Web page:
dialect atlas, linguistic atlas - an atlas showing the distribution of distinctive linguistic features
3.atlas - the 1st cervical vertebraatlas - the 1st cervical vertebra    
cervical vertebra, neck bone - one of 7 vertebrae in the human spine located in the neck region
4.atlas - a figure of a man used as a supporting columnatlas - a figure of a man used as a supporting column
pillar, column - (architecture) a tall vertical cylindrical structure standing upright and used to support a structure
Translations
أَطْلَسأطْلَس
atlas
atlas
atlaskoljusammas
kartastoatlaskannattajanikama
atlas
atlasz
atlas, landakortabók
地図帳
지도책
atlasas
atlants
atlasdźwigacz
atlas
atlas
Atlas
สมุดแผนที่
tập bản đồ

atlas

[ˈætləs]
A. N
1. (= world atlas) → atlas m inv; (= road atlas) → guía f de carreteras
2. Atlas (Myth) → Atlas m, Atlante m
B. CPD the Atlas Mountains NPLlos Atlas

atlas

[ˈætləs] n (= book of maps) → atlas m

atlas

nAtlas m

Atlas

[ˈætləs] n (Myth) → Atlante m

atlas

[ˈætləs] natlante m

atlas

(ˈӕtləs) noun
a book of maps. My atlas is out of date.

atlas

أَطْلَس atlas atlas Atlas άτλας atlas kartasto atlas atlas atlante 地図帳 지도책 atlas atlas atlas atlas атлас atlas สมุดแผนที่ atlas tập bản đồ 地图集
References in classic literature ?
This daughter of Atlas has got hold of poor unhappy Ulysses, and keeps trying by every kind of blandishment to make him forget his home, so that he is tired of life, and thinks of nothing but how he may once more see the smoke of his own chimneys.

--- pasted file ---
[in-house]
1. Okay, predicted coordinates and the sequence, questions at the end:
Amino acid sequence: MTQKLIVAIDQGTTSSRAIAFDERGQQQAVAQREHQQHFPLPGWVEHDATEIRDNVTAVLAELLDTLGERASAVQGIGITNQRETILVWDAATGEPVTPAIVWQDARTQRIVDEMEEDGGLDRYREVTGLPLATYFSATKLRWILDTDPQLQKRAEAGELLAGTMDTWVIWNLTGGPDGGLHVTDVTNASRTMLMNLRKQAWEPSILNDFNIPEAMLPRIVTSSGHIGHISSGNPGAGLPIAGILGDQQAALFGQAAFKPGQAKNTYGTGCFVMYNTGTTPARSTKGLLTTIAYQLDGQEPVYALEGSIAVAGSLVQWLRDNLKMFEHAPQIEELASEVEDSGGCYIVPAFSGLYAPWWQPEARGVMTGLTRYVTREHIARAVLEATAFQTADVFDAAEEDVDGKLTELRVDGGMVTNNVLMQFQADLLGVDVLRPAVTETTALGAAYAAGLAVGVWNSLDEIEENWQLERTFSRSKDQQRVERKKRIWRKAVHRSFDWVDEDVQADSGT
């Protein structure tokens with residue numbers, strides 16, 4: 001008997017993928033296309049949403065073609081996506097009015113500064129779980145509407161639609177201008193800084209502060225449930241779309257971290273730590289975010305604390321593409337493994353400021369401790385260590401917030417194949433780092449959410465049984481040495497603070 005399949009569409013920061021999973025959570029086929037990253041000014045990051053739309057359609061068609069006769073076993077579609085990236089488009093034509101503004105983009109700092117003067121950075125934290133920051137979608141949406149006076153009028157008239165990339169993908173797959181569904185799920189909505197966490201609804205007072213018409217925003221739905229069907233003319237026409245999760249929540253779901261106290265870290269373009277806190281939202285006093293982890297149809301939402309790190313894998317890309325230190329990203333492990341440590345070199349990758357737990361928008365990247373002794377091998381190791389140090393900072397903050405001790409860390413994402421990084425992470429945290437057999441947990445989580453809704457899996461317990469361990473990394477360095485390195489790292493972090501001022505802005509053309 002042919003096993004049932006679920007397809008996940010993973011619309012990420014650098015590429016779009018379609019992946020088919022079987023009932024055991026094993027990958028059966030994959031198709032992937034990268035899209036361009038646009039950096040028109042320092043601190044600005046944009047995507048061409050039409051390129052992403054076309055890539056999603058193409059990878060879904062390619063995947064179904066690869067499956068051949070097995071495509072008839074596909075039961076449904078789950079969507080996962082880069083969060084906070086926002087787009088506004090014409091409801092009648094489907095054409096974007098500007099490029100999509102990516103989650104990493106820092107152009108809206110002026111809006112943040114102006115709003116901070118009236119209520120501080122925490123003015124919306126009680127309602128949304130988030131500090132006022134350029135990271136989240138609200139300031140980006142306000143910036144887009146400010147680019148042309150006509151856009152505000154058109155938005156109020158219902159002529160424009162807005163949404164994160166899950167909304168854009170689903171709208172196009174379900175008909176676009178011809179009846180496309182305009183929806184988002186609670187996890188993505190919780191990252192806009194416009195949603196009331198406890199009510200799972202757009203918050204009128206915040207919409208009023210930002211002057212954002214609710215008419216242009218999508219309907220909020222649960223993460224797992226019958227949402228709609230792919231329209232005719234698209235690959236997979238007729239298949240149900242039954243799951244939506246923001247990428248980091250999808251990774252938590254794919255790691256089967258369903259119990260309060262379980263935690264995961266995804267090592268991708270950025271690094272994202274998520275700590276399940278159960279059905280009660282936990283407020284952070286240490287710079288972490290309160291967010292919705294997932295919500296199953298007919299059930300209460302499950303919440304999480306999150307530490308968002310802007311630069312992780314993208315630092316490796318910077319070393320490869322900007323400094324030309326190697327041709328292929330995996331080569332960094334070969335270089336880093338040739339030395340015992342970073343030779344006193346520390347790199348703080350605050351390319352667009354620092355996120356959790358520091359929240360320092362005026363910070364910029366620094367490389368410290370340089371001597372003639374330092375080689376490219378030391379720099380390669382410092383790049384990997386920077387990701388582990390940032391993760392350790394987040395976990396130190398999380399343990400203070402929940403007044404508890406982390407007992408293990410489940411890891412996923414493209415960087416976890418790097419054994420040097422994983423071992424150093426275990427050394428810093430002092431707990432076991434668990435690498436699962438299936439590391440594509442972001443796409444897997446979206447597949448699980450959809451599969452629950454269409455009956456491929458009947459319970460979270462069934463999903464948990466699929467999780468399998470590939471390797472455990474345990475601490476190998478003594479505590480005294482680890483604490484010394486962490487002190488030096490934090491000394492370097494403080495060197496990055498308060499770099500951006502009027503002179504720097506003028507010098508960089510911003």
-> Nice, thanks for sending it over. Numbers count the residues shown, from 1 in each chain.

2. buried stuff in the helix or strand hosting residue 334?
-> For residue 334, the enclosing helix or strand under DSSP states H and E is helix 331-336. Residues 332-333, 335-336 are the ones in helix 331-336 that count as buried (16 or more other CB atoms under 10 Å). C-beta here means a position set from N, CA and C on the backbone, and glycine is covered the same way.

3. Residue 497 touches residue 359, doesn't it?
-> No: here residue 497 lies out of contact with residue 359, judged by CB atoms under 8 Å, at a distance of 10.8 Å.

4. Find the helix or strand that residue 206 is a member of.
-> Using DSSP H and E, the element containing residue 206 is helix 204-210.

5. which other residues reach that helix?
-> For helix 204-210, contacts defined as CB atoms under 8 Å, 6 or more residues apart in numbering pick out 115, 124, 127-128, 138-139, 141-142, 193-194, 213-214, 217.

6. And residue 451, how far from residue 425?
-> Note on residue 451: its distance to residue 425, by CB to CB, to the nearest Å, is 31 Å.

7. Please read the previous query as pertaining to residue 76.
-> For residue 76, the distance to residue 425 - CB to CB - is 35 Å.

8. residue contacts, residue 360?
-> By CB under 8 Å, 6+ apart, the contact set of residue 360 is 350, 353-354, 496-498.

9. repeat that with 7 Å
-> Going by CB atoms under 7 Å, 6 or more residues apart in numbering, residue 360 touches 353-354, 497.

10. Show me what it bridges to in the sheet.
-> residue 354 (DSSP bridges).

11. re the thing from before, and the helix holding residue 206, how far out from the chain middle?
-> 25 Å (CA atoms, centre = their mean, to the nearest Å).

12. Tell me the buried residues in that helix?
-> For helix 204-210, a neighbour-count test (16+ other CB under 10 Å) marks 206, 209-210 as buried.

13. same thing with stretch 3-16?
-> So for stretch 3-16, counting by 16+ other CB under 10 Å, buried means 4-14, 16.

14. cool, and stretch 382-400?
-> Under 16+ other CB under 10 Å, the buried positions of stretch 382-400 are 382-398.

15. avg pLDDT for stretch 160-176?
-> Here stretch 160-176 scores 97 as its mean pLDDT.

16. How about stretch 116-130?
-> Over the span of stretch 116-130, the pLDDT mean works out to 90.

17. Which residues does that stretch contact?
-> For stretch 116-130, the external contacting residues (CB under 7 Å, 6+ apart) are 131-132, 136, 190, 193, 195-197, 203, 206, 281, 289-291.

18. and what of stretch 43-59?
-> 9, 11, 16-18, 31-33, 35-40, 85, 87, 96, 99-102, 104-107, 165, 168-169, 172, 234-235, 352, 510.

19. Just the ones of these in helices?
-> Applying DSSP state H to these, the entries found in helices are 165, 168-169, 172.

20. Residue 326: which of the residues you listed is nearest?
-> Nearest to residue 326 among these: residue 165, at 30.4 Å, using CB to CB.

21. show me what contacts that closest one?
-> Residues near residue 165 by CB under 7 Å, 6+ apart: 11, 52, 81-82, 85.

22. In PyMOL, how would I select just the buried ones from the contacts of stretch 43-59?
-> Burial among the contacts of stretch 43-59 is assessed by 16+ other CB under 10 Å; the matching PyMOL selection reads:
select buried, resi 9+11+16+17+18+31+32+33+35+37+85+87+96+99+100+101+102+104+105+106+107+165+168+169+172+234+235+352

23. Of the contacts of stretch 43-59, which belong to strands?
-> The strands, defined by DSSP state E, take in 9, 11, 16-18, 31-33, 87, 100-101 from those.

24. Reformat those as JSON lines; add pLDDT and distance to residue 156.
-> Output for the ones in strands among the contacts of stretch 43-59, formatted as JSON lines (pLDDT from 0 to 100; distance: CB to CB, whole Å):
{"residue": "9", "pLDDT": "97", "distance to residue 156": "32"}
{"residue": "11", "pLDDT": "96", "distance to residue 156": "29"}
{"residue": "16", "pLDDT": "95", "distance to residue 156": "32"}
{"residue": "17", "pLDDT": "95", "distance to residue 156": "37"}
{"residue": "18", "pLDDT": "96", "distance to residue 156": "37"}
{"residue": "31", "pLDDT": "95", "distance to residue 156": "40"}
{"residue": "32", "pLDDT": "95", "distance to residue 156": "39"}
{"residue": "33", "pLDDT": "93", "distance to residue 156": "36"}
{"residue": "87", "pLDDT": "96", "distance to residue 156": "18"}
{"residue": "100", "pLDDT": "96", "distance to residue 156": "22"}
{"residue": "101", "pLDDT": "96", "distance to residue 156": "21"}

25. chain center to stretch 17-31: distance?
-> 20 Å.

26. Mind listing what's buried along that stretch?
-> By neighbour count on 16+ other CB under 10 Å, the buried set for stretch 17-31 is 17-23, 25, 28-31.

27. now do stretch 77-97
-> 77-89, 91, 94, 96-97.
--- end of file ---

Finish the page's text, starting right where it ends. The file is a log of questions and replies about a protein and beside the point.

If you were asked to hunt the lion in the plains of Atlas, or the tiger in the Indian jungles, what would you say?
We were then, for reasons which it is not worth while to specify, in the close neighbourhood of Kerguelen Land; and now, when I open an atlas and look at the tiny dots on the map of the Southern Ocean, I see as if engraved upon the paper the enraged physiognomy of that gale.
Then they talked of horses, of the races, of what they had been doing that day, and of how smartly Vronsky's Atlas had won the first prize.
I can speed onward with the rapidity of a tornado, sometimes at the loftiest heights, sometimes only a hundred feet above the soil, while the map of Africa unrolls itself beneath my gaze in the great atlas of the world.
They repeated to each other, while pillaging his hotel, that he was sent to Gigelli by the king to reconstruct his lost fortunes; that the treasures of Africa would be equally divided between the admiral and the king of France; that these treasures consisted in mines of diamonds, or other fabulous stones; the gold and silver mines of Mount Atlas did not even obtain the honor of being named.
A New York directory and an atlas were at his elbow.
3] The Cerographic Atlas of the United States (1842-1845), by Sidney Edwards Morse (1794-1871), son of the geographer, Jedidiah Morse, and brother of the painter-inventor, Samuel F.
Far to the south rose the dim lines of the Saharan Atlas range.
Failing in them, he got out a big atlas, and, though.
Her teachers complained that instead of doing her sums she covered her slate with animals, the blank pages of her atlas were used to copy maps on, and caricatures of the most ludicrous description came fluttering out of all her books at unlucky moments.
One was an atlas, which I found opened naturally to England, as if that map had been much used.